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Bank of Canada Governor Tiff Macklem said Wednesday that the Department of Finance is preparing legislative amendments to address their losses.Sean Kilpatrick/The Canadian Press

The federal government will allow the Bank of Canada to retain earnings to help it recoup billions of dollars in losses that the central bank expects to report over the coming years as a result of its pandemic-era bond-buying program.

The central bank reported a $522-million loss in the third-quarter of 2022, the first time it has lost money in its nine-decade history. It expects to be in the red for several years, as it pays out a higher rate of interest on its liabilities, mainly commercial bank deposits at the central bank, than it earns on its assets, mostly government bonds it acquired during the COVID-19 pandemic.

Bank of Canada Governor Tiff Macklem said Wednesday that the Department of Finance is preparing legislative amendments to address these losses.

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There’s no risk of the central bank going bankrupt, and losses won’t affect its ability to conduct monetary policy. But they do present a conundrum as the Bank of Canada Act does not currently give the central bank a way to manage a negative equity position.

The legislative changes “will allow, on a temporary basis, the Bank of Canada to retain earnings rather than remit them to the government, for the purpose of covering losses,” Mr. Macklem told reporters at a news conference after the bank’s latest interest-rate decision.

“Once positive equity is restored, we would resume our normal remittances to the Government of Canada,” he said.

Adrienne Vaupshas, press secretary to Finance Minister Chrystia Freeland, confirmed the planned amendments, although she offered no timeline for when they will be introduced.

Up until last year, the Bank of Canada always earned a profit. In normal times, its main liability is the physical cash that circulates through the Canadian economy. On the asset side of its balance sheet, it holds government bonds.

Because it pays no interest on physical cash, and earns interest on its bond holdings, the bank usually makes a tidy profit, which it sends to federal coffers. In the years leading up to the pandemic, it typically remitted around $1-billion to the treasury each year.

This changed during the pandemic as a result of the central bank’s massive bond-buying program, known as quantitative easing. The bank acquired hundreds of billions of dollars’ worth of government bonds in an effort to hold down interest rates and boost the economy through the COVID-19 downturn.

The bank paid for the bonds by creating deposits for commercial banks, known as settlement balances. These are essentially reserves that commercial banks keep at the central bank, and they ballooned from around $250-million before the pandemic to a peak of around $390-billion in 2021.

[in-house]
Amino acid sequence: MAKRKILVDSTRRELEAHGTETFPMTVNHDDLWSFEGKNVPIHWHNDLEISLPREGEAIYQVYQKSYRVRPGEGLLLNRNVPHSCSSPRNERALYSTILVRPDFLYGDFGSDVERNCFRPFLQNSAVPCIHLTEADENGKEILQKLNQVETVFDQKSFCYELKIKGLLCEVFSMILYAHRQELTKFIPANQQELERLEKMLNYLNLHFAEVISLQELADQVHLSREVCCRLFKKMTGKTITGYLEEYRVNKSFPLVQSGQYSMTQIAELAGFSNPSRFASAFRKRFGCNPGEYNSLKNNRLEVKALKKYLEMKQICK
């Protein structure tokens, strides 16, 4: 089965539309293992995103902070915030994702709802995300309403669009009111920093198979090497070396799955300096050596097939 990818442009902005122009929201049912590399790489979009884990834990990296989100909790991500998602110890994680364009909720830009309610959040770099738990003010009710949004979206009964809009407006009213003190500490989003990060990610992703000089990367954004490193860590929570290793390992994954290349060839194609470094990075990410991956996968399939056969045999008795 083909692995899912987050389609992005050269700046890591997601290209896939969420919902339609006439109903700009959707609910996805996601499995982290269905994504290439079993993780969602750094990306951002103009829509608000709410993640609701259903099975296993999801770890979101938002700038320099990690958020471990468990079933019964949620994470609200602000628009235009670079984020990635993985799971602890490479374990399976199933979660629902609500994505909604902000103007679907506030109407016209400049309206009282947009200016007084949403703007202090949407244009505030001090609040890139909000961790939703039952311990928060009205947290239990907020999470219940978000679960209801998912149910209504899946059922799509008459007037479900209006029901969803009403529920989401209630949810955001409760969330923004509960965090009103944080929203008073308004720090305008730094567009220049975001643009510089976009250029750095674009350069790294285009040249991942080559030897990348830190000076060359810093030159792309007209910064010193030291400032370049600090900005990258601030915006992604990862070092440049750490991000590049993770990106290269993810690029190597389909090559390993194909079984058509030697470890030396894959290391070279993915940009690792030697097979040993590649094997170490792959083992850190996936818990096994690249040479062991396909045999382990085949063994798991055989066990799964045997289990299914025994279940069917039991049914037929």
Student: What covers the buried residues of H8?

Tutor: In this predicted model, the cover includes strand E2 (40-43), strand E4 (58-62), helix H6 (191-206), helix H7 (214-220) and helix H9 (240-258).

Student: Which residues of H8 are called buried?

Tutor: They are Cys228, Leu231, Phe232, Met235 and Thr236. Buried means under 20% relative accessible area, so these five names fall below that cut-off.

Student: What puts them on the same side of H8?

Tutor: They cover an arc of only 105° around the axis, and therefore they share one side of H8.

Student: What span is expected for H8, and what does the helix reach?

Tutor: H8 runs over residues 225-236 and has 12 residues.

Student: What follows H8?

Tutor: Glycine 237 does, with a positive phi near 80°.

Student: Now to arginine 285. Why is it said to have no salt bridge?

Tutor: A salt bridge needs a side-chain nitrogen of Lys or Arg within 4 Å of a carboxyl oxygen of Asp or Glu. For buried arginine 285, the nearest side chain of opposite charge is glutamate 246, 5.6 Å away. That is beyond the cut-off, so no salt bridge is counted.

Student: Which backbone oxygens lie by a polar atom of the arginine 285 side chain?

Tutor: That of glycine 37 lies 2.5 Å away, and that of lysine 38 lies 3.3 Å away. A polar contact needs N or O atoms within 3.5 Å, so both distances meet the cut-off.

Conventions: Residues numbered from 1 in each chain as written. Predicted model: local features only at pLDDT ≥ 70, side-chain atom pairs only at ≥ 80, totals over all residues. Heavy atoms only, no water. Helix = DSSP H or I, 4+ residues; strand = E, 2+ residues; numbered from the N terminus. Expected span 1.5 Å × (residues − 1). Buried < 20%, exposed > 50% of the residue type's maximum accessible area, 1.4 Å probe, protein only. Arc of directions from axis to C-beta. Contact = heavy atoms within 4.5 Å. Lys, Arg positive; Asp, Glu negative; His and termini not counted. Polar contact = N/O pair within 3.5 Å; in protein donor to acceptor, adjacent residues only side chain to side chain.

Unlike physical cash, the Bank of Canada has to pay interest on settlement balances equal to its overnight policy rate. As the policy rate has risen to 4.5 per cent from 0.25 per cent over the past year, the bank has started paying out far more in interest on these settlement balances than it is taking in on the bonds it owns, leading to large net interest margin losses.

The bank has estimated that cumulative losses could amount to $5-billion to $6-billion over the next few years – although this forecast is conditional on the trajectory of interest rates. University of Calgary economics professors Trevor Tombe and Yu Chen estimate that losses could range from $3.6-billion to $8.8-billion.

Mr. Macklem has played down the situation, referring to it as mostly an accounting issue. “None of this has any impact on monetary policy, we don’t run monetary policy with a profit motive in mind,” he said on Wednesday.

But the losses do create novel reputational and communication challenges for the central bank, Prof. Tombe and Prof. Chen argued in a paper published by the C.D. Howe Institute this month.

The issue is becoming politically charged. Conservative Party Leader Pierre Poilievre has warned of a Bank of Canada “bailout.” Ms. Vaupshas, the Finance Minister’s press secretary, noted in an e-mail that the Bank of Canada is not alone in experiencing losses.

“Many central banks globally – including the U.S. Federal Reserve, the Bank of England, the Reserve Bank of Australia, the Bank of Japan, and the European Central Bank – are facing similar circumstances following the extraordinary measures employed to ensure a strong economic recovery following the COVID-19 pandemic,” she said.